Translation Sara MacVane
In the dialogue between Jesus and the Samaritan woman, it is often said that Jesus’ words are symbolic. When he says that he can give us water, we don’t take this literally to mean that Jesus is offering us running water on all floors for the material comfort of our households.
Water is a symbol of God’s grace. A rainfall or a source of water in the dessert can save a thirsty traveler and transform an inhospitable and arid place into a green and pleasant land. Surely God’s grace is offered as a benefit: it is life; it makes what is good to flower and renders the world abundantly beautiful.
We should understand Jesus’ promise then as symbolic, like the other promises in the Gospel, his light for instance, which is not measured in kilowatt hours, and his healings which are more spiritual than medical.
As for the Samaritan woman, commentators generally say that she doesn’t understand anything, that she takes everything Jesus says literally, and this evaluation reduces their dialogue into a sort of back-and-forth banter. This interpretation is questionable however. Surely a Gospel as profound as John’s must rest on something more than a stupid joke, however amusing. Otherwise any remarks therein become plain nonsense.
Instead, let’s consider the Samaritan woman in another light. Perhaps from the beginning she understands Jesus’ gist very well, perhaps she too has a symbolic significance. In that case, her discussion with Jesus is not a misunderstanding at all, but a lively discussion about the origin of grace.
The proof of this is in what she says: if Jesus gives her water to slake her thirst, she will no longer need to draw water. This is absurd in fact, because drinking water is only about 10% of the water we need. So even if she doesn’t need water to drink, she still needs water for cooking and washing and other things. Then again the name “Jacob’s Well” is strange. There is no mention in the Old Testament of a well in Samaria in connection with Jacob.
All of this has a spiritual meaning though. The Samaritan woman is following a traditional Jewish logic. She believes that the Spirit moved from the time of the patriarchs up until Moses, and that to have grace therefore it is necessary to tap into the ancient sources. Her logic is the religion of observance: that it is necessary to struggle and work in order to receive grace by the sweat of her brow. Jesus proposes another idea: that grace is a gift, that there is no need to win it, it is enough to ask for it.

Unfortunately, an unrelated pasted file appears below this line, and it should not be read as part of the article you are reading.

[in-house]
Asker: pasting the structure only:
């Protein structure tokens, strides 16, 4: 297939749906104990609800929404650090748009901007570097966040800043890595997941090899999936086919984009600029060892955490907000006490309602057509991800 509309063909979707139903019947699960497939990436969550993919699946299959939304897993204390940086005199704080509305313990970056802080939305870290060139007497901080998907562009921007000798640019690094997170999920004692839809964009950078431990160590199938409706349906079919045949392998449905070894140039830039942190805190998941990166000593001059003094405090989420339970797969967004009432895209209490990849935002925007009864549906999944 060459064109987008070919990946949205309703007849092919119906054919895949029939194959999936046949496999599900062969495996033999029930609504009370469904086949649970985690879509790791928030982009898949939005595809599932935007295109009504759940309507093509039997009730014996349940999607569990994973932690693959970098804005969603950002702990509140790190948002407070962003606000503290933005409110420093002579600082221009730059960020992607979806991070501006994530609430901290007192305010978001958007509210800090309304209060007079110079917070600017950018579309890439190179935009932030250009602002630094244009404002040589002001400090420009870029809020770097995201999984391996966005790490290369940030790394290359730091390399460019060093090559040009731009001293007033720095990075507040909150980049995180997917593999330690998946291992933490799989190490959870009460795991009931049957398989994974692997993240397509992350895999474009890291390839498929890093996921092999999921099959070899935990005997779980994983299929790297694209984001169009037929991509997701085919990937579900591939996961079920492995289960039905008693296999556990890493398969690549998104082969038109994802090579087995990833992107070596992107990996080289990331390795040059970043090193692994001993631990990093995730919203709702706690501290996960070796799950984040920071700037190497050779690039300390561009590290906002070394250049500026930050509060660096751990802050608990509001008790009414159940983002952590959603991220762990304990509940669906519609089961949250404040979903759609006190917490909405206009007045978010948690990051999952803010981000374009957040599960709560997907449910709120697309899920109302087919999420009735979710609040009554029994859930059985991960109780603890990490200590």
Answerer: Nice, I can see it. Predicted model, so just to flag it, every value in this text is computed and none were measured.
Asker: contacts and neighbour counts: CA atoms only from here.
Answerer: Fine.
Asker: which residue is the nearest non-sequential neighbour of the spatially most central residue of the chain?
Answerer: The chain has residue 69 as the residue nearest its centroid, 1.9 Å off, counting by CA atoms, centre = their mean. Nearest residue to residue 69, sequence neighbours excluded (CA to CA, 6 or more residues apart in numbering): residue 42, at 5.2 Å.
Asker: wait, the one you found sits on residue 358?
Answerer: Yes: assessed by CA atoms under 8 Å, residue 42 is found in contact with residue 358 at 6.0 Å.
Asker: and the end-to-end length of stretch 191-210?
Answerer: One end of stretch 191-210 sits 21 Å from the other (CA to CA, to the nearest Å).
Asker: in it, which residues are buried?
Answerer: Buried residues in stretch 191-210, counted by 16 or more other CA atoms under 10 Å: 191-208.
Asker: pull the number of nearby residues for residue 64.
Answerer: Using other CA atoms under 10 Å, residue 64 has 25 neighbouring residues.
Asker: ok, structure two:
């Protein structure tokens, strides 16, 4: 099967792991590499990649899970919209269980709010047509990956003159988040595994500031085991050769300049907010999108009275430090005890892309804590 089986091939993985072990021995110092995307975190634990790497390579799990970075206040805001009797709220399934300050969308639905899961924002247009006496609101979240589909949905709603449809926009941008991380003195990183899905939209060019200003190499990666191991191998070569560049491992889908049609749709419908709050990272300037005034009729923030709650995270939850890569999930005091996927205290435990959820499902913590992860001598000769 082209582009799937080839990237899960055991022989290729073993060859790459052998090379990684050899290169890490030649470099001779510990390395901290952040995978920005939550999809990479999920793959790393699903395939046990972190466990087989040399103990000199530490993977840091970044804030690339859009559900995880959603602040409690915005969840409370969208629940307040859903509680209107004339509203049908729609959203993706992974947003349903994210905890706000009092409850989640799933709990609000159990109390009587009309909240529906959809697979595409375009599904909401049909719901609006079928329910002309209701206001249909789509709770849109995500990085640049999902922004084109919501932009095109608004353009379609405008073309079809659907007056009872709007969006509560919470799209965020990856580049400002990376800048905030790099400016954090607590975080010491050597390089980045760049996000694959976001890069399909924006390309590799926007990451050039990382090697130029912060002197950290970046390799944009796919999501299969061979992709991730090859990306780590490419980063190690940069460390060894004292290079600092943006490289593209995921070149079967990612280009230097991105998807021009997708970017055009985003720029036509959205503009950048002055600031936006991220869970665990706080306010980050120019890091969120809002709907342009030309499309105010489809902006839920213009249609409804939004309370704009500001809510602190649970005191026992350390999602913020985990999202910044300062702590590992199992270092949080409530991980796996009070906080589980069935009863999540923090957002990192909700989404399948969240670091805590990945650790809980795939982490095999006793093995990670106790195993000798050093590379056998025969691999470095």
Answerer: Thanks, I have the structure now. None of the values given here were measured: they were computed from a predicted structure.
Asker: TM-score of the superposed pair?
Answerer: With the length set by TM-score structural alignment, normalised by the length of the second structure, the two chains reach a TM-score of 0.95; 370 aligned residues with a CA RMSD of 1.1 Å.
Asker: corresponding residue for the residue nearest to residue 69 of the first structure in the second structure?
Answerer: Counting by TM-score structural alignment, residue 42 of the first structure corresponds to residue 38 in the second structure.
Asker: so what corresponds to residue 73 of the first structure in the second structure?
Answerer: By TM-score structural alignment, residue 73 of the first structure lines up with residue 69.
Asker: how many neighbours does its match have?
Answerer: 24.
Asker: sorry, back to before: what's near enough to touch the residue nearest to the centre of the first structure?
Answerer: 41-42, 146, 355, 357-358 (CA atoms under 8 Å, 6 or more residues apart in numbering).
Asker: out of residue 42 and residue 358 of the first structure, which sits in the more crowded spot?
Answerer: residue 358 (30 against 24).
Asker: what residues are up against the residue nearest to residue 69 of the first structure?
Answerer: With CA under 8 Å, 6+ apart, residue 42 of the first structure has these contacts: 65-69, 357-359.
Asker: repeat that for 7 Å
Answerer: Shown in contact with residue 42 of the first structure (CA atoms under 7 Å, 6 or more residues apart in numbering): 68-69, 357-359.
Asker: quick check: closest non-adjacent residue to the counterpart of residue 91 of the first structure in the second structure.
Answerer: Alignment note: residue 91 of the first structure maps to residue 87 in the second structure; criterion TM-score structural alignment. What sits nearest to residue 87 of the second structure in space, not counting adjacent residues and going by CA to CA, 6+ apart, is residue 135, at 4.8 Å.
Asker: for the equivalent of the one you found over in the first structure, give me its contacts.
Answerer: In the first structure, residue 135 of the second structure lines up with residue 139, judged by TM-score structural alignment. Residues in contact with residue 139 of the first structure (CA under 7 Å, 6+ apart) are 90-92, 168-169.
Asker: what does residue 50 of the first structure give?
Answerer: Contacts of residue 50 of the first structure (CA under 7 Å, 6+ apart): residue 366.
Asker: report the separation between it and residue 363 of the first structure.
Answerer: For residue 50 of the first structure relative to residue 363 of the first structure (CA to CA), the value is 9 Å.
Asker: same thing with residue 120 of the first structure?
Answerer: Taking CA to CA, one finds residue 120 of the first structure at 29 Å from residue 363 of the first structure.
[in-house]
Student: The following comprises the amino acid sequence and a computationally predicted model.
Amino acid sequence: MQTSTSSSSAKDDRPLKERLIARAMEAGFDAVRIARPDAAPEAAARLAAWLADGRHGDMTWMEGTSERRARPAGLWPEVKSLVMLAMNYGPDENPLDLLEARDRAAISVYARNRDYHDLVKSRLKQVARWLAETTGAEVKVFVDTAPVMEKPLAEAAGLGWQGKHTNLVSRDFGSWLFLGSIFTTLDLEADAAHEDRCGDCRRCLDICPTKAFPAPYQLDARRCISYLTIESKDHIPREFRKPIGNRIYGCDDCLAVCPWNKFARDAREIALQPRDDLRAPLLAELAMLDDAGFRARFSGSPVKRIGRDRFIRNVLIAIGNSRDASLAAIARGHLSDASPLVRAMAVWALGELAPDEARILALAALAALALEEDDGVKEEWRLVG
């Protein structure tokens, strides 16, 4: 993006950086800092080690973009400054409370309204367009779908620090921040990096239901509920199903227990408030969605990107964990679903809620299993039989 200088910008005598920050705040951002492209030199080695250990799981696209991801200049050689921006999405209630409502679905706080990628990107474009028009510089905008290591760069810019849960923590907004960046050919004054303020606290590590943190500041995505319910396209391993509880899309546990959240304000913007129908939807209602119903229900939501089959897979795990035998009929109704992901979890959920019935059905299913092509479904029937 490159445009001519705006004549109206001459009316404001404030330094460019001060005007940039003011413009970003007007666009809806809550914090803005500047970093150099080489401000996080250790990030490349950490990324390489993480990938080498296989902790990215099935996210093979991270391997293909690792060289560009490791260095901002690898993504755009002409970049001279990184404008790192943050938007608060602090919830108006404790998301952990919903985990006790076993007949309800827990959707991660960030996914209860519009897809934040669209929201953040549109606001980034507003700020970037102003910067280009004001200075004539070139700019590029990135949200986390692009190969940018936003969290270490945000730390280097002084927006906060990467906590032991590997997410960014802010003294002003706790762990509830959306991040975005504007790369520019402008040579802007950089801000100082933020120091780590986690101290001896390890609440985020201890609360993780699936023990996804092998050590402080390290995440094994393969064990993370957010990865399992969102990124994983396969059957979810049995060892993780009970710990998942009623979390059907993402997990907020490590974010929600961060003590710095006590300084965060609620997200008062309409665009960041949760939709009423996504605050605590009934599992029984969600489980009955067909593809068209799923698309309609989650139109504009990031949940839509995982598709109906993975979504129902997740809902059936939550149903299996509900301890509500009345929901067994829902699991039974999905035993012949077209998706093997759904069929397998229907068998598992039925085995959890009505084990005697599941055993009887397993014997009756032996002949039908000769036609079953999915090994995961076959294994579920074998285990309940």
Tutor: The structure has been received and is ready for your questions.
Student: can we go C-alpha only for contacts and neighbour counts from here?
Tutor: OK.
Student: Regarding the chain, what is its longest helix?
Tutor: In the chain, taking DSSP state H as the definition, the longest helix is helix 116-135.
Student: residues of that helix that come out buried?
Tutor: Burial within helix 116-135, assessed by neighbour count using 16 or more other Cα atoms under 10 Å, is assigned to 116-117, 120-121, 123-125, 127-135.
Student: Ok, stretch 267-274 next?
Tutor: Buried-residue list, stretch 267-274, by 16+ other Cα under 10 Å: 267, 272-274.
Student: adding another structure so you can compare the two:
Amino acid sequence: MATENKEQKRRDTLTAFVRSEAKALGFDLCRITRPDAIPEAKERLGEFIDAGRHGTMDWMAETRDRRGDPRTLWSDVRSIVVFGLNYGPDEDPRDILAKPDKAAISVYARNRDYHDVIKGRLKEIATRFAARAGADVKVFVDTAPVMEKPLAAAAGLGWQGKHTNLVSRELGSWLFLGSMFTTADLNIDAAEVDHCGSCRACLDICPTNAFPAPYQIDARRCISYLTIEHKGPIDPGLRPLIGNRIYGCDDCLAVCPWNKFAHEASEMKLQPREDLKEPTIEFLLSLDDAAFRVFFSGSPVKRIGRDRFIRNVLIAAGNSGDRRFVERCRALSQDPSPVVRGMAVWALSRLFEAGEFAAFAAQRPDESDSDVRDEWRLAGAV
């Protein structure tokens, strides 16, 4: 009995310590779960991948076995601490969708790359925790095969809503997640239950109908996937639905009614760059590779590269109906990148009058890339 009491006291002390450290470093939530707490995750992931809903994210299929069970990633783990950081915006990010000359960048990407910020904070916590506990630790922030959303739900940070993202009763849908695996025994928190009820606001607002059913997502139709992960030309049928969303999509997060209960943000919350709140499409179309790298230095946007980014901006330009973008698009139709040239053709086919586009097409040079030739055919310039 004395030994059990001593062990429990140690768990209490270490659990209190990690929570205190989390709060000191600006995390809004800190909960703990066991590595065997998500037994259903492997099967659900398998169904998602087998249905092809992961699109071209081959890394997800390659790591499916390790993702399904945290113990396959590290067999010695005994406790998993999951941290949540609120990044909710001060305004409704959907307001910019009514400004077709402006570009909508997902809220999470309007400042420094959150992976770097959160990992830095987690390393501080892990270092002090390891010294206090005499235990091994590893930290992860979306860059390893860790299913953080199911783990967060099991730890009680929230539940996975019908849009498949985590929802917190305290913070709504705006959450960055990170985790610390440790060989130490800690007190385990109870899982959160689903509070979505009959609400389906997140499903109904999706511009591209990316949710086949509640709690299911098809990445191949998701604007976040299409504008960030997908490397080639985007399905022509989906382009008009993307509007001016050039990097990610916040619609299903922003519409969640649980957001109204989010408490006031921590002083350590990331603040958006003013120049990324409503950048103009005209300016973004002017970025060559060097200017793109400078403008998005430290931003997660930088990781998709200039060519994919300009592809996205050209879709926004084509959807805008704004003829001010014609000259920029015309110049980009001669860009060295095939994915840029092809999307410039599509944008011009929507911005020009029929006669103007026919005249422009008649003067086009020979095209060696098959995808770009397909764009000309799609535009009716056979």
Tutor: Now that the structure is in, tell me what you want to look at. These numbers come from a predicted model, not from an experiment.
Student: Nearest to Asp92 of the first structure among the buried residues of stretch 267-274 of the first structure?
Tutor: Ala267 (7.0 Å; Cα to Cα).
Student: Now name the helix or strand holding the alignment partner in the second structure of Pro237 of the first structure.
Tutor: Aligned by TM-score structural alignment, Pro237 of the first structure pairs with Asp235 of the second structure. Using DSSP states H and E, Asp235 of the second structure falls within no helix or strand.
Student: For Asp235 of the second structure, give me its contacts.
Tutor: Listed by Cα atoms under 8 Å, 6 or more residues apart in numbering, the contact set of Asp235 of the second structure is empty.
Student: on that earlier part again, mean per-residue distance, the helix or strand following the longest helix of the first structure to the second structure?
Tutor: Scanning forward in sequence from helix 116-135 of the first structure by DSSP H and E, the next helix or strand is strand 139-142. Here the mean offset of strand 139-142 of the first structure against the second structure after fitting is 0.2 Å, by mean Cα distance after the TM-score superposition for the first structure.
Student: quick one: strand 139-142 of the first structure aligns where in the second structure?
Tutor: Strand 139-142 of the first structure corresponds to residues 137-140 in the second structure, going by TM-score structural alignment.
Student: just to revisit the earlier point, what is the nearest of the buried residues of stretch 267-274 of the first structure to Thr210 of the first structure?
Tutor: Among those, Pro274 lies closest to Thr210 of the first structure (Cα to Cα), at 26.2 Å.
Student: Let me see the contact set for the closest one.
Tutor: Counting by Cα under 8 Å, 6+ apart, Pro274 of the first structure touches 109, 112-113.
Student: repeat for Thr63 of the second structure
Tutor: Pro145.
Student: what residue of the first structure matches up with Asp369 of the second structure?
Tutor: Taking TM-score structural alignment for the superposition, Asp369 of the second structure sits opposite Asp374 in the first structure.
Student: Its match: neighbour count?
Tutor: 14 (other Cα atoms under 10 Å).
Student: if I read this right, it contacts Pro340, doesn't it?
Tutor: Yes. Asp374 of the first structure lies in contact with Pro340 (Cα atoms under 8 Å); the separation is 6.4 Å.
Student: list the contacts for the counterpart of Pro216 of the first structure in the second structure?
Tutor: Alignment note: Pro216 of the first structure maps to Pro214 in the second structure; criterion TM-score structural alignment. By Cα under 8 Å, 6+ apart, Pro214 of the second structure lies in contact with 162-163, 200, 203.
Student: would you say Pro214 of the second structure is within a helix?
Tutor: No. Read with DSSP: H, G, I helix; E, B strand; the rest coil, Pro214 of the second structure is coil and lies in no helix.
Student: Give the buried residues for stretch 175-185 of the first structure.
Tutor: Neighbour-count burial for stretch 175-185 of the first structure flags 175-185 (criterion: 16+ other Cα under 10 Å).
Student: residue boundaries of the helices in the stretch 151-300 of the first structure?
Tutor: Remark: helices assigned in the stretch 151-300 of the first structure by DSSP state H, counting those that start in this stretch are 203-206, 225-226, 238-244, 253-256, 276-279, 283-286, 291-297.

She says: “the well is deep and you have nothing to lower down into it”. She finds it hard to believe Jesus, for if grace is far from us, how can he imagine that he can offer it without any “means of grace”, without religious rites or other obligations? “Are you greater than Jacob?” she asks. And Jesus affirms: “Those who drink of the water that I give will never be thirsty”, for he is far greater than the ancient patriarchs; he is a new source of revelation, spirit and grace.
Jesus himself is a source much better than any Jewish or Samaritan water wells. For a well is, in effect, a cistern full of still or even stagnant water, while a water source offers us fresh and living water. Jesus offers a totally different definition of religion, which does not seek vitality in any of its ancient traces, but finds spiritual grace at its very origin, that is to say in Christ himself.
Jesus promises that each of us can become in turn a source, for ourselves and for others. The Samaritan woman understands this full well; she understands what Jesus said to her: she had five husbands (the five books of the Torah, that is, the whole of the Samaritans’ Bible), while right now in fact she has no living faith at all, no husband, but just a cohabitation with purely human traditions. She realizes that her real husband (the 7th) is there in front of her, that he has fulfilled all prophesy, that he is the Christ, the Messiah, who offers the fullness of God’s living presence.
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